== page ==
Taiwan Semiconductor Manufacturing Company (TSMC) has long been rumored to become an alternative supplier for Apple-designed processors powering iOS devices. However, yield issues and manufacturing difficulties with the foundry’s 20-nanometer process pushed back those plans.
Meanwhile, Samsung continues to make the Ax-series of processors for the latest iPhone and iPad. Per chatter from Asian supply chain, TSMC is working hard to ramp up 20-nanometer production “ahead of schedule”, apparently in a bid to win over Apple’s chip business from Samsung by 2014…
This indicates that Apple won’t be able to drop Samsung for A6 orders. In fact, the South Korean consumer electronics conglomerate is likely to manufacture at least two upcoming revisions of the Ax chip series until TSMC is able to meet Apple’s strict standards in terms of volume and production quality.
According to DigiTimes, a somewhat hit-and-miss Asian trade publication, TSMC is currently able to meet only 70 percent of 28-nanometer chip demand for clients such as Qualcomm, Nvidia, Broadcom, Texas Instruments and AMD.
The present 28nm shortage at TSMC makes it more unlikely that the foundry could attract orders from Apple, the sources claimed. TSMC currently is unable to provide sufficient capacity to its existing 28nm customers, the sources said.
The semiconductor foundry won’t be able to satisfy 28-nanometer demand completely until the first quarter of 2013.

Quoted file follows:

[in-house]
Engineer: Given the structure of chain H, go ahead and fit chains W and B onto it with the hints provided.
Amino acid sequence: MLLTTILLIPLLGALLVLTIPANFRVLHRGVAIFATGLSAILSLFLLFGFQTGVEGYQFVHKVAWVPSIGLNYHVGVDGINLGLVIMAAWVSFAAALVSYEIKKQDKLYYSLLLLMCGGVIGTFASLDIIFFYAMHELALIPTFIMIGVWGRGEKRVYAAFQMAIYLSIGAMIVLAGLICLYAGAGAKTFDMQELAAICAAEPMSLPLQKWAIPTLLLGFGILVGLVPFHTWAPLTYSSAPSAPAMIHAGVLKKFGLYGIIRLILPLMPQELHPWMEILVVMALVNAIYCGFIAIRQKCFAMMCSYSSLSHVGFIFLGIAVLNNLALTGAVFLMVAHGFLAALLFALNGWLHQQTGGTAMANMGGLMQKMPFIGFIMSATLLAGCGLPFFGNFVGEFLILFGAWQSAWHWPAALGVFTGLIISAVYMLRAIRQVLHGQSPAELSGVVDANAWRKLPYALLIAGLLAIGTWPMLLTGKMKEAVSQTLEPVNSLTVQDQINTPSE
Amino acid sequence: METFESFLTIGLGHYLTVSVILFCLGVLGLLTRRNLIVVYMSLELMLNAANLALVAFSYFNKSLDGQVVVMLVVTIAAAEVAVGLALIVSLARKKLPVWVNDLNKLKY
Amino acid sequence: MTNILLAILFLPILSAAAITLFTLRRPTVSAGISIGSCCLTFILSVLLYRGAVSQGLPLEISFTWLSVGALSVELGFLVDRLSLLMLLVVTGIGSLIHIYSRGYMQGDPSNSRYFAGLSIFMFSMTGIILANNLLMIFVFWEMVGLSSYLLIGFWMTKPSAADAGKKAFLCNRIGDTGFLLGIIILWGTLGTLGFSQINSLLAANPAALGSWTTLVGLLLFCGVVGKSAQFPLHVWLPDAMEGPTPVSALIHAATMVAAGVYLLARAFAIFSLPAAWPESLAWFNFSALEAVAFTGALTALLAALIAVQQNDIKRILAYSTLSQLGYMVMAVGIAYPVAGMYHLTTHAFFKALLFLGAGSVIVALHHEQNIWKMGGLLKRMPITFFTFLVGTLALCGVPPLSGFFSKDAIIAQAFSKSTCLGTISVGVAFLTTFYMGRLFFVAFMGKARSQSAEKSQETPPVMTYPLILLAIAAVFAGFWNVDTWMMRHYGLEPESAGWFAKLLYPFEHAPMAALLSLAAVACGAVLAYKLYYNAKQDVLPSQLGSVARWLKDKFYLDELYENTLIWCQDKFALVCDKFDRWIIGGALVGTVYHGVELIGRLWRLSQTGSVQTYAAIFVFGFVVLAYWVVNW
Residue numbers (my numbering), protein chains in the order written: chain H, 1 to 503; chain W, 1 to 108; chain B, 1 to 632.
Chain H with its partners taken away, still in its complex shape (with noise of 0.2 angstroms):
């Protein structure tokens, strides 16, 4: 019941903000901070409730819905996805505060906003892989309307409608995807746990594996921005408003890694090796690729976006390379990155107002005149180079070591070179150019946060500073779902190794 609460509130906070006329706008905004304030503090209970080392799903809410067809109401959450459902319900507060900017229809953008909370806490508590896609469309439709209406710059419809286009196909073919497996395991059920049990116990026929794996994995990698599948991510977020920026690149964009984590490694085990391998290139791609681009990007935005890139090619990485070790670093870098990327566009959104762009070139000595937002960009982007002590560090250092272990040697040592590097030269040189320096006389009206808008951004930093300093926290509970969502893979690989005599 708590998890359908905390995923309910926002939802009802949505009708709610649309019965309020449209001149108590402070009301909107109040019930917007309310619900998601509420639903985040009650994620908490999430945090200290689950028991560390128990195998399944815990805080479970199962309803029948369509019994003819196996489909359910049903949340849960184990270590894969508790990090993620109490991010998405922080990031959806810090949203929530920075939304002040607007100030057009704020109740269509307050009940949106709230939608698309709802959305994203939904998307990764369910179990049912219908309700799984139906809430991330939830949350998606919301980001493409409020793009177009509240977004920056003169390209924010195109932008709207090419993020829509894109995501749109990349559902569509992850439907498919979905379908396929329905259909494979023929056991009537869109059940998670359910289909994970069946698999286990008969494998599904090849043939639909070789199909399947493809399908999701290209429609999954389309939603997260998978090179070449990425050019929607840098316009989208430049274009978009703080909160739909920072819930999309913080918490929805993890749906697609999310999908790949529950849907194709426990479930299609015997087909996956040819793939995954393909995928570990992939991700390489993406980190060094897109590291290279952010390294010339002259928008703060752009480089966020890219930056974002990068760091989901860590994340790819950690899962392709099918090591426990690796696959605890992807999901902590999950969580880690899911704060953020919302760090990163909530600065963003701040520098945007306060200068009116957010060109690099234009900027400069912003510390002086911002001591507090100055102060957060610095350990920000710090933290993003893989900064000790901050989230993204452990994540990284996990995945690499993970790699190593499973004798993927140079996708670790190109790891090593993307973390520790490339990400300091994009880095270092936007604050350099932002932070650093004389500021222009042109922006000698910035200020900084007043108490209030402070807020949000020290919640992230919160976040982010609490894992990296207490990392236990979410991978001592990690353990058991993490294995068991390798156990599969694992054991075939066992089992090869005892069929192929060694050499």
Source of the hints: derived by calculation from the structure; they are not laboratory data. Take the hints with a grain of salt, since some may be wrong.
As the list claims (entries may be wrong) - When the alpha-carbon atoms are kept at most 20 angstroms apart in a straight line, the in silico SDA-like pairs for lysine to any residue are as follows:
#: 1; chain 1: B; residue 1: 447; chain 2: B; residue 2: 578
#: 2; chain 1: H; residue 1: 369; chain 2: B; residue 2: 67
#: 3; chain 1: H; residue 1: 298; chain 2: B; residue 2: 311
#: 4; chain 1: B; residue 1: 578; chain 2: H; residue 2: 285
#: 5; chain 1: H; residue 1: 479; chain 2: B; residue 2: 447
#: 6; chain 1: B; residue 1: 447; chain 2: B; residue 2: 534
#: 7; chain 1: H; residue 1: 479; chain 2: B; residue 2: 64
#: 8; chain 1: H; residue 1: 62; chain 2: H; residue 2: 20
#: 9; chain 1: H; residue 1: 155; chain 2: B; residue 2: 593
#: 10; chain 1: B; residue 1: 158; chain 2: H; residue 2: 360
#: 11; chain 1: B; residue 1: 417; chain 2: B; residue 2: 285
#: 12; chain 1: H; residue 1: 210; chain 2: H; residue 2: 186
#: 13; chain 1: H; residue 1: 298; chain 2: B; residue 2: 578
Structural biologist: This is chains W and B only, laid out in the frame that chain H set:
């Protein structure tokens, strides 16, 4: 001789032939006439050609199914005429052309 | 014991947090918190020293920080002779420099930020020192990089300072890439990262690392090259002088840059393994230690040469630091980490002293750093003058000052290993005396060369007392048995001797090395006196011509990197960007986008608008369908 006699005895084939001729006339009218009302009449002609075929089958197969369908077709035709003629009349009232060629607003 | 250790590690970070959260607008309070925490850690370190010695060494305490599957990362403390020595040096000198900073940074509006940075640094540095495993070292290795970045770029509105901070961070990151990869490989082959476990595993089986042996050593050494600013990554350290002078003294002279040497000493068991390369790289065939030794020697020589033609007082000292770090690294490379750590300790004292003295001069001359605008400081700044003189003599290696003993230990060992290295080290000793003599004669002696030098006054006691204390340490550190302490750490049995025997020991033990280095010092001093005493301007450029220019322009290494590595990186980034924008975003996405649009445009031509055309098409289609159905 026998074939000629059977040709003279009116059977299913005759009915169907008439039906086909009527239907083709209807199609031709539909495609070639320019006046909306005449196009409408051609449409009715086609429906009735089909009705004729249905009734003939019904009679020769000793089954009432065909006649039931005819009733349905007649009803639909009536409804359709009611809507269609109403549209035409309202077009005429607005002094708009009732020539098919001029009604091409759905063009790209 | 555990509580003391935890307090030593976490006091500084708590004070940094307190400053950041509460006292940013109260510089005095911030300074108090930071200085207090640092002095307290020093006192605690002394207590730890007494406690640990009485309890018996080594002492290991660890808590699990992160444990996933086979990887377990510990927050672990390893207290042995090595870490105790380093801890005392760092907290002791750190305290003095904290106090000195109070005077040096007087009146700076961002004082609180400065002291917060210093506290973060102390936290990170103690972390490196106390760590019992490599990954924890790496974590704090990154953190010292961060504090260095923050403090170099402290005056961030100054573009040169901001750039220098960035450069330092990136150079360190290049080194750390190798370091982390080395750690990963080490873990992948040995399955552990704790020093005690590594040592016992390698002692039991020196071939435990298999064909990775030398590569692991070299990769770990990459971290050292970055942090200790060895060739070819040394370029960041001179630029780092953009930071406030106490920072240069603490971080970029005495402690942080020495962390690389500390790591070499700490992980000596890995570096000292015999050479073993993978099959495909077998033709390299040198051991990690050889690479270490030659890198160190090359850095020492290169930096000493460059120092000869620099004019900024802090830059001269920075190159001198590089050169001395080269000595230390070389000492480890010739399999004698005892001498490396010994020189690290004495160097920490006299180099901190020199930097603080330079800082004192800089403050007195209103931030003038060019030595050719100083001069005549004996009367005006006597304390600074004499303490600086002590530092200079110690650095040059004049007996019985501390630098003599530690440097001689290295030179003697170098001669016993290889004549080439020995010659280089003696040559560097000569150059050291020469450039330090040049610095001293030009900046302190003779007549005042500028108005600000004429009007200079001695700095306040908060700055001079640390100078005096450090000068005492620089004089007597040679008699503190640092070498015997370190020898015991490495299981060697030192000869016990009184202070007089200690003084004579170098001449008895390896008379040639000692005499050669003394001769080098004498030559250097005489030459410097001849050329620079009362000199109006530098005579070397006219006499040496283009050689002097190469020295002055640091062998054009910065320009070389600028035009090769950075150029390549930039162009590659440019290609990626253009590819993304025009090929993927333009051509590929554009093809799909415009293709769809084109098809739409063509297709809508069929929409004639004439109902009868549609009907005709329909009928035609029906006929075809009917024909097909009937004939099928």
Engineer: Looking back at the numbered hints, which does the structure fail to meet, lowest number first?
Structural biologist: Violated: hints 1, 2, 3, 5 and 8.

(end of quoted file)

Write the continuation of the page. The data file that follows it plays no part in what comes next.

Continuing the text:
TSMC, which has its headquarters and main operations in the Hsinchu Science Park in Hsinchu, Taiwan, is betting its $700 million investment in 20-nanometer technology in this year alone will pay off big time as Apple is presumably looking to reduce its dependency on Samsung, with whom the iPhone maker is involved in an ugly patent fight across continents.
Summing up, DigiTimes wrote:
The sources added TSMC stands a good chance of landing CPU orders from Apple in 2014.
It should be noted that switching to the cutting-edge 20-nanometer technology would file as a risky move which would require a significant engineering work on Apple’s part.
A credible chip analysis has indicated that the iPhone maker is already testing the 32-nanometer chipmaking process with the single-core A5 chip powering its third-generation Apple TV set-top box.
The improved A5X processor in the new iPad, however, remains fabbed on Samsung’s 45-nanometer process as Apple opted for a 310 percent larger package which dissipates more heat than its predecessor.
The jumbo-sized A5X package, seen below, measures a whopping 165 mm², more than three times the size of the A4 package (53.3 mm²) and twice the size of Nvidia’s Tegra 3 processor (82 mm²).
Semiconductor experts point out that the A5X chip is a stopgap solution, noting Apple cannot forever make these pieces of silicon bigger and bigger. Moving to smaller production processes would let the Cupertino company design tighter packages which consume less power while performing faster.
Apple and Samsung are due to meet for court-mediated talks on patent issues on May 21-22. It’s unclear whether those negotiations will lead to an out of court settlement. Apple’s boss indicated his company would prefer such an outcome.
Together, the two frenemies accounted for virtually all of the mobile industry’s profits.
What’s your take, will Apple switch to TSMC for A6 production?